VIEW-2735 | Operating room, Royal Victoria Hospital, Montreal, QC, about 1894

 
The most recent version of the Flash plugin must be installed
Get Flash Player
Creative Commons License
Create a new pair
Photograph
Operating room, Royal Victoria Hospital, Montreal, QC, about 1894
Wm. Notman & Son
About 1894, 19th century
Silver salts on glass - Gelatin dry plate process
20 x 25 cm
Purchase from Associated Screen News Ltd.
VIEW-2735
© McCord Museum
Description
Keywords:  Architecture (8646) , medical (125) , Photograph (77678)
Select Image (Your image selection is empty)

Visitors' comments

Add a comment

Keys to History

New advances in surgery demanded substantial changes to operating rooms. The advent of chloroform and ether anaesthesia, improvements to surgical instruments and the introduction of basic disinfection measures made it possible to perform longer, more risky operations. This was called major surgery, as opposed to minor procedures requiring only rudimentary installations.

Before long, semi-circular operating rooms with large windows became the norm, providing better light for the surgeon's task. Patients were placed on an adjustable table at the centre, and students observed the operations from a half-circle of tiered seats. These installations were known as surgery rooms, and only non-paying patients were operated on there.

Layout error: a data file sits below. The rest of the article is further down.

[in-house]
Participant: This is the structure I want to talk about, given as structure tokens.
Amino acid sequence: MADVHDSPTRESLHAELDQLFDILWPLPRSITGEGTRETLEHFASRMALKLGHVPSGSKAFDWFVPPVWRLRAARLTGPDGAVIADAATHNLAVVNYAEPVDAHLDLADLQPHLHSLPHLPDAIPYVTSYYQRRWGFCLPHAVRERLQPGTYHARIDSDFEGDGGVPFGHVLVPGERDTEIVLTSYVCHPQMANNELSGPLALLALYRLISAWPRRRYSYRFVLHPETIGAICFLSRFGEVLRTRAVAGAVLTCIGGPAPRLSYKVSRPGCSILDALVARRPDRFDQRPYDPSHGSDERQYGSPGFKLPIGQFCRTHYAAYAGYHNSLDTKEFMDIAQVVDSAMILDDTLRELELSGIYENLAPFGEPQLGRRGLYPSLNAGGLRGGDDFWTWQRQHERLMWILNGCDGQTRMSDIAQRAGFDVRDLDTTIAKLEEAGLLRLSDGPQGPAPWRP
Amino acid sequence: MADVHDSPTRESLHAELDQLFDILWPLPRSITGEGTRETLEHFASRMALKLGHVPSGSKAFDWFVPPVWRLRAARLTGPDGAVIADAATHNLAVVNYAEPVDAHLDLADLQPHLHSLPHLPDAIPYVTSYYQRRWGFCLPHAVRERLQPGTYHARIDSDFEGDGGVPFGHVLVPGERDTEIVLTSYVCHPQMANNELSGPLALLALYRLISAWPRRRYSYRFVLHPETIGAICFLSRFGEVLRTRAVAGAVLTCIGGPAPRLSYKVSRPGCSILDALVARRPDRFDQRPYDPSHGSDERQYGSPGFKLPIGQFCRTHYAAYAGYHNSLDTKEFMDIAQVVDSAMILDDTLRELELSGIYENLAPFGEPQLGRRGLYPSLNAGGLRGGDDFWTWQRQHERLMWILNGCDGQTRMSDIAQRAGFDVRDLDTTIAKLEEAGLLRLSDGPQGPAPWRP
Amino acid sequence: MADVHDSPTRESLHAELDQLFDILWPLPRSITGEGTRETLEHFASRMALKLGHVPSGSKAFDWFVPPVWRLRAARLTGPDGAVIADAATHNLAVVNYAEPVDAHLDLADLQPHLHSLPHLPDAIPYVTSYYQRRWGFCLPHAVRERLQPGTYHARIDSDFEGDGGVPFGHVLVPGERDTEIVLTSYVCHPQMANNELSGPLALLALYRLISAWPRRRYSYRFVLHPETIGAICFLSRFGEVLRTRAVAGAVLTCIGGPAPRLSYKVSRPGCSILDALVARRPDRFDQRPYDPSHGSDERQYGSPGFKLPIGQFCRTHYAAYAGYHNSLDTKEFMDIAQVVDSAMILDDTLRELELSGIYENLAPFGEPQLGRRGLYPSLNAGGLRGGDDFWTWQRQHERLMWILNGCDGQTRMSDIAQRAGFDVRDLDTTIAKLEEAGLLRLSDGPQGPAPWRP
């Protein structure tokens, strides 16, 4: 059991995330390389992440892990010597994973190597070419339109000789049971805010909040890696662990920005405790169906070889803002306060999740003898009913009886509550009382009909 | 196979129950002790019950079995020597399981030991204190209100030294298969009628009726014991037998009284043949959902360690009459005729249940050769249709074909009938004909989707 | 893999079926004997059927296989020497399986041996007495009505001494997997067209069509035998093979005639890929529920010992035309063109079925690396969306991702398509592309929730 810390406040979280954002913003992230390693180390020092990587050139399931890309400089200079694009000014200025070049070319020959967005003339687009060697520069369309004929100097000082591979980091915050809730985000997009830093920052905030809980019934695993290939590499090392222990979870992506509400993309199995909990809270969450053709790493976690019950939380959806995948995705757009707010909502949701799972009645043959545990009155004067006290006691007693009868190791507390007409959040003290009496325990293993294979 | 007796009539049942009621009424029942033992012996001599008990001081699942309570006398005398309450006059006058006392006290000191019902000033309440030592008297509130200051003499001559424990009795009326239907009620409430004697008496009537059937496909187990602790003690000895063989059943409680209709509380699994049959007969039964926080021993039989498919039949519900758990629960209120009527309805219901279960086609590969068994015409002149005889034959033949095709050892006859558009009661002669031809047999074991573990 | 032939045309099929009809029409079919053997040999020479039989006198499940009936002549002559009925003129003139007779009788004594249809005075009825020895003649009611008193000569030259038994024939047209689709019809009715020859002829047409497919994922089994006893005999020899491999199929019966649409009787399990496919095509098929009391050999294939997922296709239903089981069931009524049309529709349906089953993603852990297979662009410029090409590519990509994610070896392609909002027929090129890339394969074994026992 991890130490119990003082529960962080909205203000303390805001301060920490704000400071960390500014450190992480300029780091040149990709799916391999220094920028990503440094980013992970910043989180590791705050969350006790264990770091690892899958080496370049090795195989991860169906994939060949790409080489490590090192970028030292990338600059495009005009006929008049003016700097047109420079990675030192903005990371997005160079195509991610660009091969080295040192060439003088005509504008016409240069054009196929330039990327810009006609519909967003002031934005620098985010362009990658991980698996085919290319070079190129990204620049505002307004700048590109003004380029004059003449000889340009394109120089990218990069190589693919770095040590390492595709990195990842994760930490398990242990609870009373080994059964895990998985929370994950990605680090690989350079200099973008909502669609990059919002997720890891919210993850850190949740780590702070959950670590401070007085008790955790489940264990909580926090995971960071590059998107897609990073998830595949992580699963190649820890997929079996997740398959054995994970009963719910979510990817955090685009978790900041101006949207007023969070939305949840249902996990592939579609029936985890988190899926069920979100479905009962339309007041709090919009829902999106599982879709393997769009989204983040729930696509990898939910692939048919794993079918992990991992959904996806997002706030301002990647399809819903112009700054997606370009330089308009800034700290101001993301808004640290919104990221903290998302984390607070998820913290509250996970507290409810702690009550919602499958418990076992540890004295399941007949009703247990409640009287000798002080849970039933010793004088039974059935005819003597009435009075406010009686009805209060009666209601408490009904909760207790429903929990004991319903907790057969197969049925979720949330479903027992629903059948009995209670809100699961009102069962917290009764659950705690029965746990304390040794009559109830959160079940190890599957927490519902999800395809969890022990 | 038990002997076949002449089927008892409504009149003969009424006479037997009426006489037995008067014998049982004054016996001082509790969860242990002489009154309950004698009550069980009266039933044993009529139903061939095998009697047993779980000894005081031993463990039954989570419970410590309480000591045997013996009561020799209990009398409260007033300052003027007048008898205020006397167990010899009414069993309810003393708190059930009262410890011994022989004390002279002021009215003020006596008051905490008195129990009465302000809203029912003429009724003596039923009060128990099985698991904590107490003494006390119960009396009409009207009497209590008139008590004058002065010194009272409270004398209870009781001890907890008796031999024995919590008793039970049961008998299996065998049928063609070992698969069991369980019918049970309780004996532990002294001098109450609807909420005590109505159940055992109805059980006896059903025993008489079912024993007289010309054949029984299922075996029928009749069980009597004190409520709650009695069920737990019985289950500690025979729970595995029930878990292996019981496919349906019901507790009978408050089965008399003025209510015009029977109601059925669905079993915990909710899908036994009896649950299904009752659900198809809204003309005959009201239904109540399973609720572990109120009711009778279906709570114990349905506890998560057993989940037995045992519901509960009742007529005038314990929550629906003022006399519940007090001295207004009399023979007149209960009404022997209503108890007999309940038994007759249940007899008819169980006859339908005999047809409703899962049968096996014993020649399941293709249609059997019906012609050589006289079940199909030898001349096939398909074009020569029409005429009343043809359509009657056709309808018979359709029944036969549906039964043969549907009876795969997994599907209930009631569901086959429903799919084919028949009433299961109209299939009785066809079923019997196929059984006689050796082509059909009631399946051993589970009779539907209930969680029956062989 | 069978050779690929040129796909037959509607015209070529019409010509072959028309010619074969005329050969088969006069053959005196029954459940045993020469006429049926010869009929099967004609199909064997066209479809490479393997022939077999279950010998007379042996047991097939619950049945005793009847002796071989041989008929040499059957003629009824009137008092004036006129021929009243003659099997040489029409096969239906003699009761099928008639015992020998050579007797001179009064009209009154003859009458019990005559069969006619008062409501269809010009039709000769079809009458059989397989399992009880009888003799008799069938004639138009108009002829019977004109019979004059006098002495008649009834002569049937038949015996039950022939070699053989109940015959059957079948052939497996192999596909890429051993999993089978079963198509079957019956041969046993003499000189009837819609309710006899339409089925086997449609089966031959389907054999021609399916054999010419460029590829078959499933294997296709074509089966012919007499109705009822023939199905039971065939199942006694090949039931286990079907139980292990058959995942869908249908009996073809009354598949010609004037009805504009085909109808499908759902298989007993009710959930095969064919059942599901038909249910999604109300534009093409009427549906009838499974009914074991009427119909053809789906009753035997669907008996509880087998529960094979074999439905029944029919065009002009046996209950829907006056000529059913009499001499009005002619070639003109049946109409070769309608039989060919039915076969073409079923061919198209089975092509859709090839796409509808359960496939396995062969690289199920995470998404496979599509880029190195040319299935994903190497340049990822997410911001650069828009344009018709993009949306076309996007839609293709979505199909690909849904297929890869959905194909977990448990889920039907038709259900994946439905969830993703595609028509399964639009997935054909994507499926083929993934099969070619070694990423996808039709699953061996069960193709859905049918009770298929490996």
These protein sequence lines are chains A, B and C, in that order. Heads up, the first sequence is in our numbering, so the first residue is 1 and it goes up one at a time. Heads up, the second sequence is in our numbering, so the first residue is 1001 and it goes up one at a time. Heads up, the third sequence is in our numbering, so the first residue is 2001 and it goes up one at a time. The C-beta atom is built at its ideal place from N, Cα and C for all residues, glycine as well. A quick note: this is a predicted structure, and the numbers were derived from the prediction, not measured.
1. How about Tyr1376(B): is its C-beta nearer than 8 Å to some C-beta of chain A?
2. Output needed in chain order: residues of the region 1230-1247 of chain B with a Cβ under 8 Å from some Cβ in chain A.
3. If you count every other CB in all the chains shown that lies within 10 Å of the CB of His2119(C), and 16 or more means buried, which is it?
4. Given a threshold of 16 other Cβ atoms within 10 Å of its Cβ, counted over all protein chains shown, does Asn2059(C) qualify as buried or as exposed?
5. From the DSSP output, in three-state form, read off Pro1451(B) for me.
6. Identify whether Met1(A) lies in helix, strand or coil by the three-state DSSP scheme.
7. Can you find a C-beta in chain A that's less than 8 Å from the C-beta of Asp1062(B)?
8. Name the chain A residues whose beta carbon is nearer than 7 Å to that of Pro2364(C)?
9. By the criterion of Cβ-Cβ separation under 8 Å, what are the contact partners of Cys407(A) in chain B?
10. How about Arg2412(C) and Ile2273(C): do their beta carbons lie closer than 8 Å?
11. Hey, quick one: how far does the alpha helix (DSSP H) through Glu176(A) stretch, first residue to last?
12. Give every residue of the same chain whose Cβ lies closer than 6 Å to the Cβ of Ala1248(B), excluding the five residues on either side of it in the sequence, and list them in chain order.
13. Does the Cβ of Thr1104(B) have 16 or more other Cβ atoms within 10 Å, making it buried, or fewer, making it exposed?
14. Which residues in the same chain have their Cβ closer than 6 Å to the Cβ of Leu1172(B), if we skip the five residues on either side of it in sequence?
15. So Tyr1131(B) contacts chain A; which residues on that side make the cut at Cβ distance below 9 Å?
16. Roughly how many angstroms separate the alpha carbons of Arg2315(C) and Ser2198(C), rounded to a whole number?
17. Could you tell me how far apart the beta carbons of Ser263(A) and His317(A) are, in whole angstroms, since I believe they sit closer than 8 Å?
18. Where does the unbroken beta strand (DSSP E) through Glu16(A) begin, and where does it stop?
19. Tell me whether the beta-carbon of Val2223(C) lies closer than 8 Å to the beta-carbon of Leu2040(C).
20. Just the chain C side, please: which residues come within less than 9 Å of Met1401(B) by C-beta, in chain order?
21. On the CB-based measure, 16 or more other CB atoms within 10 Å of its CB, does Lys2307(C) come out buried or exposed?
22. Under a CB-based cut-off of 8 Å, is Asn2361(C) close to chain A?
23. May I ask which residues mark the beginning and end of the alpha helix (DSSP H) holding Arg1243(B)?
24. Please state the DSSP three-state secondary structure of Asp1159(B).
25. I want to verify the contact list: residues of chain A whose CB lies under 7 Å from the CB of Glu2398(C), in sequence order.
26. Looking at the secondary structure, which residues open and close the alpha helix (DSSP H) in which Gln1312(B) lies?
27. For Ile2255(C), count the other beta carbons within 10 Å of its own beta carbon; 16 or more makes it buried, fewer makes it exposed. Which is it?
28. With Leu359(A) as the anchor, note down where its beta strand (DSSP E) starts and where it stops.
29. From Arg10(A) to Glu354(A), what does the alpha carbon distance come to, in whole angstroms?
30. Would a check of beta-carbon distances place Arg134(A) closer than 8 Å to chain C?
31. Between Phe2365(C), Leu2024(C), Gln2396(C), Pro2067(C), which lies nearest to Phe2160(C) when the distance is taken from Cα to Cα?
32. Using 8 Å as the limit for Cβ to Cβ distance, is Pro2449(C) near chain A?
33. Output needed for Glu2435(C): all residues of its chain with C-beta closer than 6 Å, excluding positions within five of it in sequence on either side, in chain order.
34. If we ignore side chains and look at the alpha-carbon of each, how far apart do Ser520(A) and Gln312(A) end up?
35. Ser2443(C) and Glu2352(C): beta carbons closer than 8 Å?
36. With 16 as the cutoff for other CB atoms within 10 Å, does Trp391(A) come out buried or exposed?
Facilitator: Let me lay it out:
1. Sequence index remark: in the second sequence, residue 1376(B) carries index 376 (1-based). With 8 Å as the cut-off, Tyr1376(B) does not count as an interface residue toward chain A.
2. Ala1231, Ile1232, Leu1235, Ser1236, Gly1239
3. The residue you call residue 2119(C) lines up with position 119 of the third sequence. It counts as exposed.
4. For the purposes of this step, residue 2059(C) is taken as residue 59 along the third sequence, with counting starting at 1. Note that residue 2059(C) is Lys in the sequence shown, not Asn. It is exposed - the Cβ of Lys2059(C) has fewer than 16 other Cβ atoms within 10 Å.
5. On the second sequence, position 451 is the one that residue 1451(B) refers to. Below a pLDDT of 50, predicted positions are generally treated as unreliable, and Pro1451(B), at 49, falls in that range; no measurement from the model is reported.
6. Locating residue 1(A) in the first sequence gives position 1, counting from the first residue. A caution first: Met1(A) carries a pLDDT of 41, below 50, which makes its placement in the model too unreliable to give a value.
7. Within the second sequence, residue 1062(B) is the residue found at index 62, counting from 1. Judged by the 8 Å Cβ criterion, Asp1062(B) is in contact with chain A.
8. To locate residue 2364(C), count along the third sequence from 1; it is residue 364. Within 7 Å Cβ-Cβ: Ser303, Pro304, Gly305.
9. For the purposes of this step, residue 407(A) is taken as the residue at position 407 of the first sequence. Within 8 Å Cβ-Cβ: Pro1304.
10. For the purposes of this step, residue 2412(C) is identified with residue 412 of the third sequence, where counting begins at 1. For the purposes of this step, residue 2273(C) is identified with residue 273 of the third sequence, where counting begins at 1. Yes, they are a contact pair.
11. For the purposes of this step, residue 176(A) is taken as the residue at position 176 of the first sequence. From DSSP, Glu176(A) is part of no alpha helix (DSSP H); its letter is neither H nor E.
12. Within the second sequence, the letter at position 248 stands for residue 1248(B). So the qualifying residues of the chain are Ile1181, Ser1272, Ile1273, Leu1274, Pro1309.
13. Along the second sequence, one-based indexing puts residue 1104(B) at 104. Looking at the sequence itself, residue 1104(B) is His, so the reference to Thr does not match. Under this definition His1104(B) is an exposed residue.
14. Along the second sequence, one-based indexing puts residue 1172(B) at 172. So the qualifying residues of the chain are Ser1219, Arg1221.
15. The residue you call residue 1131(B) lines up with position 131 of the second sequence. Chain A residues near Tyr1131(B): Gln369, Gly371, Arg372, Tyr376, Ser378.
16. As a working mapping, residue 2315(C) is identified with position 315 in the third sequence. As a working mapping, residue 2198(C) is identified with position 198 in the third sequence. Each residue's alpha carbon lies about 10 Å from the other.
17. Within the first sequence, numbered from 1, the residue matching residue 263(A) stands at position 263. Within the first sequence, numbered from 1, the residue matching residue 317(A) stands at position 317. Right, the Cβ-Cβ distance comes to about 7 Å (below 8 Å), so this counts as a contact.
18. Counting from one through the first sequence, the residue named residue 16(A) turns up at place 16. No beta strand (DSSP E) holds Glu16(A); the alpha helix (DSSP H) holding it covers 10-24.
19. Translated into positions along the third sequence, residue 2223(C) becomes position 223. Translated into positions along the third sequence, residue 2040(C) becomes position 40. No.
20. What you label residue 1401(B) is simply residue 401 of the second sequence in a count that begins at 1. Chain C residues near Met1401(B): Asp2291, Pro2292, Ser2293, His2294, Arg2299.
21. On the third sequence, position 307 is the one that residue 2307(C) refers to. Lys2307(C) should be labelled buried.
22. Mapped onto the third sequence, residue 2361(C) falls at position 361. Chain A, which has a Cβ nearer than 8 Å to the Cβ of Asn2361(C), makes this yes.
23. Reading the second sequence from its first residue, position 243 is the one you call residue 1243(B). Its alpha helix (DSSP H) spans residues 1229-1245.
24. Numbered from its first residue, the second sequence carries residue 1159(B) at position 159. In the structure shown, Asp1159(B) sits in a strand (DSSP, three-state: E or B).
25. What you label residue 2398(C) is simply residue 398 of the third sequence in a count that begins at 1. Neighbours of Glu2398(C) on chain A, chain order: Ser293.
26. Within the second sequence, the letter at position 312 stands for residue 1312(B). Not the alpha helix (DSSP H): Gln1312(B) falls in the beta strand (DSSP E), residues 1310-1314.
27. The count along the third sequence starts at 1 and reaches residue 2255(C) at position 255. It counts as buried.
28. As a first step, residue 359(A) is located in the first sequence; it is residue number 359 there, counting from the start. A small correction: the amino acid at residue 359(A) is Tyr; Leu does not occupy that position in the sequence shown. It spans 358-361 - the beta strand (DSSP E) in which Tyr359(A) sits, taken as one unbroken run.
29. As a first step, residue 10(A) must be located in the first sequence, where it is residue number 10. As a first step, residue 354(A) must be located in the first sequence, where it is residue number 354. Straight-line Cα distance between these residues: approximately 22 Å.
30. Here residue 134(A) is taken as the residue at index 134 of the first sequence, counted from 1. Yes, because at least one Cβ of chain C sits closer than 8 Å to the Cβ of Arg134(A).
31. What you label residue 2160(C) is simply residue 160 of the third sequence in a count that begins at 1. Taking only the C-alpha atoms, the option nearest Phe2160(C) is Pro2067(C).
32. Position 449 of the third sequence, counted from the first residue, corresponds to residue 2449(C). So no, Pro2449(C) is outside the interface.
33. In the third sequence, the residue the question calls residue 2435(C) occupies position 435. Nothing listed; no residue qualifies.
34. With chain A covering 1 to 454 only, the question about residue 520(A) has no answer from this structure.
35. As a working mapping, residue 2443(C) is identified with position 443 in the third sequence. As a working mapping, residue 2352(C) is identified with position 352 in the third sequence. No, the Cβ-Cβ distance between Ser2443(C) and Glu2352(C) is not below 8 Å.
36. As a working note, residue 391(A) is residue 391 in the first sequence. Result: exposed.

Unfortunately, the operating rooms in some hospitals were located near the autopsy room, which greatly increased the risk of infection. Students and doctors sometimes went from one room to the other without disinfecting their hands.

  • What

    The surgery room at the Royal Victoria Hospital was well equipped to make the transition to modern surgical practice. It was a far cry from today's operating rooms, but the adjustable operating table was already a sign of things to come.

  • Where

    At the Royal Victoria, as in all large Canadian hospitals, the operating room was semi-circular and had many windows. The stone floor facilitated cleaning.

  • When

    Surgery was performed from dawn to dusk. But surgeons were known to cancel their procedures in favour of a day off in the country.

  • Who

    The Royal Victoria Hospital surgery room could seat quite a crowd. Most were medical students, but nursing students and distinguished guests occasionally attended at well.